Electricity demand has remained static, requiring an urgent change in future energy plans, National Planning Commission (NPC) member Anton Eberhard said on Wednesday.
"Electricity demand today is still at 2007 levels. It's unprecedented. In the entire history of the electricity industry in South Africa we've never had such a long period of static demand," he told the Cape Town press club.
"Of course, it changes the picture. It changes how much supply has to be met and also raises questions of how one needs that, in a more flexible way."
Eberhard, a professor and energy expert, said the current version of the Integrated Resource Plan (IRP) would need to be revised urgently.
Eskom was building two new coal power stations at a cost of around R340 billion.
The Medupi power station in Limpopo was expected to make its first contribution to the grid later in 2013 and Kusile, in Mpumalanga, in 2014.
Eberhard said it was a risky strategy to be investing in large capital plants that took years to build when demand might vary in that time.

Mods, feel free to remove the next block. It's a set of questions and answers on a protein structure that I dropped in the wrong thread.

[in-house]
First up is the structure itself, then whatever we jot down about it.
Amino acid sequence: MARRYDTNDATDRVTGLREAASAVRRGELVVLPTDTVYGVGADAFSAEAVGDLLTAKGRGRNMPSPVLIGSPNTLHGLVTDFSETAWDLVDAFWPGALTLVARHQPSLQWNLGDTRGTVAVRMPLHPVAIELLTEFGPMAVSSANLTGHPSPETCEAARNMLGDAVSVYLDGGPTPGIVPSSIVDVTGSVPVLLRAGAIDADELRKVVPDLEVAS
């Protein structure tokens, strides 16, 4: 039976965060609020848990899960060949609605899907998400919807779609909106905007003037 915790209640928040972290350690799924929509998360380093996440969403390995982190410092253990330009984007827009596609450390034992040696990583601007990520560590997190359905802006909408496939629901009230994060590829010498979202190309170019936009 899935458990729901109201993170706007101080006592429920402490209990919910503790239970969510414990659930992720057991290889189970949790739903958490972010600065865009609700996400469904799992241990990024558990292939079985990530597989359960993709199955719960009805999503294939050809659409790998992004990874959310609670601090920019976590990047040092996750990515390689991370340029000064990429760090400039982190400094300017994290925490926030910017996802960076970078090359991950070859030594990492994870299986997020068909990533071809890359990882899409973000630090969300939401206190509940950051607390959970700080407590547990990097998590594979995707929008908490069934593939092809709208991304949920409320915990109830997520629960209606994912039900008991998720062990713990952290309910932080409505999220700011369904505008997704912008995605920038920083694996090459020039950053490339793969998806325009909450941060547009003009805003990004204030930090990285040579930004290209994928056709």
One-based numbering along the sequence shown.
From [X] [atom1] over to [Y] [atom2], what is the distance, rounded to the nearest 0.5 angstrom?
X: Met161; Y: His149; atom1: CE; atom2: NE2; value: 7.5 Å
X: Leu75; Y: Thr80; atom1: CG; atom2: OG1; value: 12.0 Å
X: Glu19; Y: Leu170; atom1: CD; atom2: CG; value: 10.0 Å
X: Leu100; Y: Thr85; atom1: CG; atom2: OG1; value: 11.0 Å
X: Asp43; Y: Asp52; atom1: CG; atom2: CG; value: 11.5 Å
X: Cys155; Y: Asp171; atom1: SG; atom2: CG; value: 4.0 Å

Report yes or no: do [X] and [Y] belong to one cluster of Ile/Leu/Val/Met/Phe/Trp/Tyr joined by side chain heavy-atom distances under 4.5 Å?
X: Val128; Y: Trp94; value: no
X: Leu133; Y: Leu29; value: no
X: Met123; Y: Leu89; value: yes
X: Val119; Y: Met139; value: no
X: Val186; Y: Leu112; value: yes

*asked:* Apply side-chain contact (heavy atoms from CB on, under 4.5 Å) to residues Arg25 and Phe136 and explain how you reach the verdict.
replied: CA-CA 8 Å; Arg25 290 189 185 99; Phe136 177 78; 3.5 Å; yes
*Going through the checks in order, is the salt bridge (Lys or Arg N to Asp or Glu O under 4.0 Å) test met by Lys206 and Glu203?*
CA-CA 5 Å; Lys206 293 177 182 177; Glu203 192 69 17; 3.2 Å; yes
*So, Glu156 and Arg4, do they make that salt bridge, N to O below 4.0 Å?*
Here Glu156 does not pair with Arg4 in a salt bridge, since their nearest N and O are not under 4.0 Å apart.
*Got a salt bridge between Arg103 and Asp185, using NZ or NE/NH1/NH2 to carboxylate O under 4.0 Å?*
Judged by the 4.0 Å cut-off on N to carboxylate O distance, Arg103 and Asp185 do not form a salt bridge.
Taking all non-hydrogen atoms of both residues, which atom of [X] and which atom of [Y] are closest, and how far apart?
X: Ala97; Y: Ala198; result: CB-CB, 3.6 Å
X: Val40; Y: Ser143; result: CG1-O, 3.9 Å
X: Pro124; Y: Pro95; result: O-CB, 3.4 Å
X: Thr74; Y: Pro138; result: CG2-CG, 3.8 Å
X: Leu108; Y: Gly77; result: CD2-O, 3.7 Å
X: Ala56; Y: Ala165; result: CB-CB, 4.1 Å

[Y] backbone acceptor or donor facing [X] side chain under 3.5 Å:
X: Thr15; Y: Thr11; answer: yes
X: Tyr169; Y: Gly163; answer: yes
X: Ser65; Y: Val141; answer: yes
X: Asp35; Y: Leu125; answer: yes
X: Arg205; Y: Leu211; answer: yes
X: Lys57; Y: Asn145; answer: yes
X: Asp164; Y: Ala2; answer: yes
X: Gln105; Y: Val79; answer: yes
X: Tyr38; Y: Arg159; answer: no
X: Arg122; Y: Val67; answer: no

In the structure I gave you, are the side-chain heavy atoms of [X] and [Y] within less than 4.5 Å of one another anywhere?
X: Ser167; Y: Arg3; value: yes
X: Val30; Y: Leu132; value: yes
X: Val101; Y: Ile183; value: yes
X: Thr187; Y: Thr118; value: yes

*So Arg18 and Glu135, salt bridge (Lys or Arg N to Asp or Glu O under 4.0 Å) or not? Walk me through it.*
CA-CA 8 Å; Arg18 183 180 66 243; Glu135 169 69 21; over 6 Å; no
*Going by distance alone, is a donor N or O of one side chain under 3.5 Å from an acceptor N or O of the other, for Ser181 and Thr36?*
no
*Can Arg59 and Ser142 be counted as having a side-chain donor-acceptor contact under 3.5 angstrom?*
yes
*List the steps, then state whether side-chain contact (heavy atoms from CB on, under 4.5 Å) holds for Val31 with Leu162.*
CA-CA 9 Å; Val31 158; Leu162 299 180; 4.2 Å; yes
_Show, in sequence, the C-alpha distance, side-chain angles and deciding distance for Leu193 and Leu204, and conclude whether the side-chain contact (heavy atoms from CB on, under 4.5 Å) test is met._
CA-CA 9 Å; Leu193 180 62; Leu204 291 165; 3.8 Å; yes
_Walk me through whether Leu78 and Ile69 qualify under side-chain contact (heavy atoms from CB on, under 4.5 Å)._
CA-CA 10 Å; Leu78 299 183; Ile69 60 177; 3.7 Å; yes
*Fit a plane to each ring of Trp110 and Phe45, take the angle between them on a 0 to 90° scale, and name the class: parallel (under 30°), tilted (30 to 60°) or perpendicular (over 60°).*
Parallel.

"It's much better and a more smart strategy to adopt smaller scale plants, more flexibly and more quickly to match demand in the country. Of course, gas and renewables lend themselves to that much more."
Besides coal, the country's energy options were renewable sources such as wind and solar, nuclear power, imported liquefied natural gas (LNG), offshore gas on the West Coast and the hydraulic fracturing or fracking of potential shale gas in the Karoo.
Eberhard said the planning commission had raised some "critical issues" regarding nuclear power.
"What we said was that the decision should already have been made to invest in nuclear power if we're to meet the 2023 date, which is in the Integrated Resource Plan. Our first concern is that we're probably already too late in that investment decision," he said.
The other concerns were the uncertain capital outlay costs for new nuclear stations and the lack of a financing plan.
The IRP had outlined intentions for six new nuclear power stations to provide 9600 megawatts.
Article continues on page two: fracking for shale gas, the first new energy source to be developed...